CVRD needs to reassess Cowichan estuary plan and more

What could be better for our entire region and economy than a healthy functional watershed?

CVRD needs to reassess Cowichan estuary plan and more

I know many of you CVRD directors and several of your senior staff, and I deeply respect the dedication you all show and the sacrifices you make in your service to our communities. I know that you are informed and intelligent people who understand the science of climate change and see the steady degradation of the ecological support systems and biodiversity that have allowed us to thrive in this beautiful region. I believe that you understand the value of parks and protected wild places like forests, and wetlands. Not just the value they add for beauty and recreation, but the priceless services they provide to filter our water and nurture our wildlife.

But there are a few things I don’t understand. Why would you continue to rezone the Cowichan estuary in a way that permanently enshrines business and industry, when our collective long-term vision should be to see this vital piece of this watershed returned to its original form and function over the next 20 to 50 years? A process that needs to start now.

What could be better for our entire region and economy than a healthy functional watershed, from lake to shore with Cowichan Bay and the surrounding waters teeming with fish as they did 50 years ago when I was a boy? A time when people flocked from afar to catch the huge and plentiful salmon right in Cowichan Bay.

We know that estuaries are always changing and are unstable by nature. We know that they sequester more carbon per acre than old growth forests. We know that they are barely above sea level and prone to flooding, that climate change predictions indicate that we will have more frequent and severe storms and flood events and that the rate of sea level rise is expected to accelerate, potentially rising by more than two metres over the next 80 years.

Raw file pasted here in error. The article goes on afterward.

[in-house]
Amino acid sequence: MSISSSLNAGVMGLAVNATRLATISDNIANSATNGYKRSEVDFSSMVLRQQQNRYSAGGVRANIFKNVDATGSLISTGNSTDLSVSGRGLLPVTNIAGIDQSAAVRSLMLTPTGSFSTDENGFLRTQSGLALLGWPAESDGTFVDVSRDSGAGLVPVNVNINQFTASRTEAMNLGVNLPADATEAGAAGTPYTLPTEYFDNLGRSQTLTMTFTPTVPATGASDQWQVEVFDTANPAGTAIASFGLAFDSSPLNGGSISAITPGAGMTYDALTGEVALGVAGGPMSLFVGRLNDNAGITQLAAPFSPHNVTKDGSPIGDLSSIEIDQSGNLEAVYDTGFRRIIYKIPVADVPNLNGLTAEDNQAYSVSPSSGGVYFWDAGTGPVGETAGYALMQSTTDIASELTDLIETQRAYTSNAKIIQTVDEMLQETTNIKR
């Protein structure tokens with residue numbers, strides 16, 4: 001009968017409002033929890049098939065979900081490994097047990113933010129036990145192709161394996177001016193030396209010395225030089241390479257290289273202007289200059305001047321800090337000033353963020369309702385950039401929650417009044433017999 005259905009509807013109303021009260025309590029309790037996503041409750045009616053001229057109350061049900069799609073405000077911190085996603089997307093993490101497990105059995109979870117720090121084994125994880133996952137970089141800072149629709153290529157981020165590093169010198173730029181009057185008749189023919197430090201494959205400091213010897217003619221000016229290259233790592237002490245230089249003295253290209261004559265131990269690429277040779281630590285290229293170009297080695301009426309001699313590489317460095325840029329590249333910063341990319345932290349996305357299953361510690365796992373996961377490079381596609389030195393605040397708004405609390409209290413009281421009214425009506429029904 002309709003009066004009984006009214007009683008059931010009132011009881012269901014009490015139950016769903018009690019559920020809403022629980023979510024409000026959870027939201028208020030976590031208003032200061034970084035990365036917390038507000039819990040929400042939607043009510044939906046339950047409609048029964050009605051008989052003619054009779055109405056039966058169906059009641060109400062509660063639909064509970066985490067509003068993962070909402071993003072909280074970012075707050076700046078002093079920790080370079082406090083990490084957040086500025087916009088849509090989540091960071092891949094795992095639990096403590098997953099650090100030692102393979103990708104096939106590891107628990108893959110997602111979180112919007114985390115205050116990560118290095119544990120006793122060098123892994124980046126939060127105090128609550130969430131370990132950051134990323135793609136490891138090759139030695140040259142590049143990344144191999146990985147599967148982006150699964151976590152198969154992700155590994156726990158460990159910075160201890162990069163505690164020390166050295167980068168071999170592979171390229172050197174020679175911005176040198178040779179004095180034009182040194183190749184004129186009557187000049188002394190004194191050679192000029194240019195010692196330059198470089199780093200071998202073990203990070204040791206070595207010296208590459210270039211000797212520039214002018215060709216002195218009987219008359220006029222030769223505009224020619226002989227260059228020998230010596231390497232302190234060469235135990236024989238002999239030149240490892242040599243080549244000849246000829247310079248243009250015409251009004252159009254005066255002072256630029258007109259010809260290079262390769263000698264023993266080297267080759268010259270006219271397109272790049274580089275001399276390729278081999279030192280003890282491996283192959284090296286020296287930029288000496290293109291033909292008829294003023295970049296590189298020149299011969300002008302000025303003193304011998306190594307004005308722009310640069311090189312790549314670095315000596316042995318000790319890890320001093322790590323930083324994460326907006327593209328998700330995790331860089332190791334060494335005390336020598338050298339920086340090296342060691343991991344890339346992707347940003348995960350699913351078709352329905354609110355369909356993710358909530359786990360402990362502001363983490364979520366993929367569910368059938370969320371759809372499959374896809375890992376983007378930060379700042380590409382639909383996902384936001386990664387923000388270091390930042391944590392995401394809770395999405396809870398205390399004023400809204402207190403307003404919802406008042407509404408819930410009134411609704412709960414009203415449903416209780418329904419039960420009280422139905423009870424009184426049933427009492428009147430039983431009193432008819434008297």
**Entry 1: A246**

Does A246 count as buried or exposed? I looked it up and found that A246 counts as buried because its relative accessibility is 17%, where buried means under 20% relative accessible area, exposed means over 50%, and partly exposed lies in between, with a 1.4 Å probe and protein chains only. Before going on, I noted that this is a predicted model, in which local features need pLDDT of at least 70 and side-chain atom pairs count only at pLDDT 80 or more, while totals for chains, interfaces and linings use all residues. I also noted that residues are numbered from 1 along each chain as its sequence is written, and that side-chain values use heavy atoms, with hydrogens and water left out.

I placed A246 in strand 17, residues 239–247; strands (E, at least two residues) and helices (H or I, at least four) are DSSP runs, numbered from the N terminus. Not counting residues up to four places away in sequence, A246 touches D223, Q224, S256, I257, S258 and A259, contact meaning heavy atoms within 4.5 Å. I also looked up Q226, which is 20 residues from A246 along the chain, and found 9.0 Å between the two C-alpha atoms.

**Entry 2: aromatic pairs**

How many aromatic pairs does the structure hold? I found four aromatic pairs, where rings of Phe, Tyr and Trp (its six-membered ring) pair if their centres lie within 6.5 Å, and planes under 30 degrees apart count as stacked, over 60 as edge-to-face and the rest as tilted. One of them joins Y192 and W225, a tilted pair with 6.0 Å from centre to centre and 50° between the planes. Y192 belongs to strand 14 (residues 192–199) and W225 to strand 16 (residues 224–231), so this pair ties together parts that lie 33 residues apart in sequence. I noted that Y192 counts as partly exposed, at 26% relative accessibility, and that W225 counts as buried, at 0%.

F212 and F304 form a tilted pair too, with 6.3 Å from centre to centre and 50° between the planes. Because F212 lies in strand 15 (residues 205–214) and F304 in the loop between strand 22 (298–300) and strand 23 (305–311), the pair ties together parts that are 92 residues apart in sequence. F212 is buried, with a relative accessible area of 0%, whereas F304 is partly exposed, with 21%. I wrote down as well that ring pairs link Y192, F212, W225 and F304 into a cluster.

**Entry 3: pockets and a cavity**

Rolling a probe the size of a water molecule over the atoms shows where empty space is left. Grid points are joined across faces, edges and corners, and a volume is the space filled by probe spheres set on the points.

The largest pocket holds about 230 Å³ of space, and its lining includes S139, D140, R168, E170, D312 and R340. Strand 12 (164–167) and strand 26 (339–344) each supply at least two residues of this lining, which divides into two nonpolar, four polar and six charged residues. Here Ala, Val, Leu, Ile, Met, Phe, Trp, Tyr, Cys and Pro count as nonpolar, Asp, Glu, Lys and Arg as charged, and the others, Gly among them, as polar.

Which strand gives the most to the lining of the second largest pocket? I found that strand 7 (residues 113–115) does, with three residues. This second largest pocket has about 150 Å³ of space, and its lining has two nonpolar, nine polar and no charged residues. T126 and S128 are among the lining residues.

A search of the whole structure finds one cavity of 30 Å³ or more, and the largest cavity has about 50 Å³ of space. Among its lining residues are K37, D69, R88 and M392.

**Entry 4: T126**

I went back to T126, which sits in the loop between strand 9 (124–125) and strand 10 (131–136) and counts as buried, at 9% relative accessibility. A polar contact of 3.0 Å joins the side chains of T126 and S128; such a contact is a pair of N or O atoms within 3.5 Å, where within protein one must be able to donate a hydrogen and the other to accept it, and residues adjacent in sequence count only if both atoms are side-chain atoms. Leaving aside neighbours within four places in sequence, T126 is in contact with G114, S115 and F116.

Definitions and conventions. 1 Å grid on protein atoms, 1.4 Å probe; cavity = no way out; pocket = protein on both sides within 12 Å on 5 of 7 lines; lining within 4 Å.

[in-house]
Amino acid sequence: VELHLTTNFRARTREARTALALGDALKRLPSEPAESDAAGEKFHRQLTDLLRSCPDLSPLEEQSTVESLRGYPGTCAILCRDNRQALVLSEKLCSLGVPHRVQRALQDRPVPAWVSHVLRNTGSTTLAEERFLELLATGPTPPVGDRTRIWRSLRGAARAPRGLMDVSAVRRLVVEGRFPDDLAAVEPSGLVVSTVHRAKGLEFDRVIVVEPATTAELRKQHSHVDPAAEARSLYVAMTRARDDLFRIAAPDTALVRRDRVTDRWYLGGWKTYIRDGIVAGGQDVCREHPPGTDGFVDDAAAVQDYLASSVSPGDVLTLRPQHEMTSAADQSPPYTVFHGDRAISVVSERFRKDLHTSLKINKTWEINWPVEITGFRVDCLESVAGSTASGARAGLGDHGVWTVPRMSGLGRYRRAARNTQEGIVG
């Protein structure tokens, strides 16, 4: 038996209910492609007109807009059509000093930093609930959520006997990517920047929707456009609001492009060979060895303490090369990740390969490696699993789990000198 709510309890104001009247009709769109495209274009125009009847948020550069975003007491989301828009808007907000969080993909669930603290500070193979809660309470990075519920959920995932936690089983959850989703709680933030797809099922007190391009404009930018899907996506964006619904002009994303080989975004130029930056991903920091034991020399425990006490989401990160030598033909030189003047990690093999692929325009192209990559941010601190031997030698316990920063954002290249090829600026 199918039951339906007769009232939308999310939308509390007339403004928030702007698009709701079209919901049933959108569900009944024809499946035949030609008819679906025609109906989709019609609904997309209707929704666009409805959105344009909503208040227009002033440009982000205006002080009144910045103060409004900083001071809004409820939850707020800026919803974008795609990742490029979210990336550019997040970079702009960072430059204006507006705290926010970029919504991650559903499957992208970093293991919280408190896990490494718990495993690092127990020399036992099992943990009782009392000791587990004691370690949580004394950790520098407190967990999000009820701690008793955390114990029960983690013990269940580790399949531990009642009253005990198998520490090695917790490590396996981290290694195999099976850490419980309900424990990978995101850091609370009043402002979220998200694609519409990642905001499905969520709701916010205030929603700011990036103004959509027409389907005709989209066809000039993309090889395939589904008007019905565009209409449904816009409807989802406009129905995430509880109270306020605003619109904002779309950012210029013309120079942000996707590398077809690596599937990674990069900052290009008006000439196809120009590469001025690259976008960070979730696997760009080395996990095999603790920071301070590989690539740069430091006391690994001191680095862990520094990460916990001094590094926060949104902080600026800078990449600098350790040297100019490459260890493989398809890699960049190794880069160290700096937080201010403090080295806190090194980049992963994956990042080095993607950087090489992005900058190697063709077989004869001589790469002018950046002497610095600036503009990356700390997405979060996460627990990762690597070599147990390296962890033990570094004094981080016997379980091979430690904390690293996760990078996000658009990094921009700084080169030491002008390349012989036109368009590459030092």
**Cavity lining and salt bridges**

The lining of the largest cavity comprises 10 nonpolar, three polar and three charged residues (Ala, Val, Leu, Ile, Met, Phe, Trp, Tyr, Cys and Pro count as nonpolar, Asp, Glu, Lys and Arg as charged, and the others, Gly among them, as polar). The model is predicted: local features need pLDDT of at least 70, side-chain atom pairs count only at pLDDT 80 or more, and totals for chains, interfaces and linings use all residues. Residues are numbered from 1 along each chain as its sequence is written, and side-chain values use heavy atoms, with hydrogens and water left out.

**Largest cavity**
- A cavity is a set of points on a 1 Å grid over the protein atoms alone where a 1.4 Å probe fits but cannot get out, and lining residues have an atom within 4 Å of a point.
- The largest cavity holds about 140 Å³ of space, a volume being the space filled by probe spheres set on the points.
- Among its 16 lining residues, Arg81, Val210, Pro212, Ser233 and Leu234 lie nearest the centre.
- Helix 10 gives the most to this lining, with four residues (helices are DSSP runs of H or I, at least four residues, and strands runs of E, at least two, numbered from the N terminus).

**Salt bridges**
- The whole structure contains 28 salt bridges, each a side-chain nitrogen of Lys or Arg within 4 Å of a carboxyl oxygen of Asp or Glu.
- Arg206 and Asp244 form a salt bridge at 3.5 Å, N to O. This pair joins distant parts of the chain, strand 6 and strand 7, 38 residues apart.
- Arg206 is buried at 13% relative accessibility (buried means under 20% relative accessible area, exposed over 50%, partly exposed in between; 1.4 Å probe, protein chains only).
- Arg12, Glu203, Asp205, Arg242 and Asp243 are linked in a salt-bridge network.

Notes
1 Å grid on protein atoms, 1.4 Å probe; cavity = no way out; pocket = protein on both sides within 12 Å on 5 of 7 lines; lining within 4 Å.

I have lived my whole life in this region and although I have seen devastating impacts on our natural resources, I continue to have hope that we will chart a different course for the sake of our grandchildren. I was thrilled when the CVRD introduced its 12 Big Ideas in 2015, (https://www.12things.ca/12-big-ideas.php) a document meant to guide our decision makers towards a better future. But these forward-looking guiding principals now seem to be largely ignored. Another CVRD visionary move was the creation of the Parks Acquisition Fund, approved by referendum in 2008. This allowed the CVRD to assess up to approximately $5 per $100,000 of property value annually which today would raise $1.4 million. An amount that could preserve and protect significant land in the public interest every year, at a cost of less than $25 per year for most property owners. In 2019 they lowered that number to just $0.67 per $100,000 and raised only $150,000 which we all know could purchase almost no land at all.

Between myself, business interests and family, we pay taxes in six different electoral areas and municipalities. As a taxpayer, I plead with you to assess the full amount that we taxpayers approved. Use that money to invest in our grandchildren’s future and chart a new path towards a region that has at least a shot at sustainability. And perhaps some “outside the box” thinking could find ways to use some of that money to buy up foreshore leases and/or find other ways to help businesses already located in sensitive estuaries or other fragile environments, relocate to places more suited to industry and commerce. This could be a win for business, a win for the fish, a win for First Nations, a win for tourism and the economy and most importantly a win for our grandchildren.

David Slade

Cobble Hill


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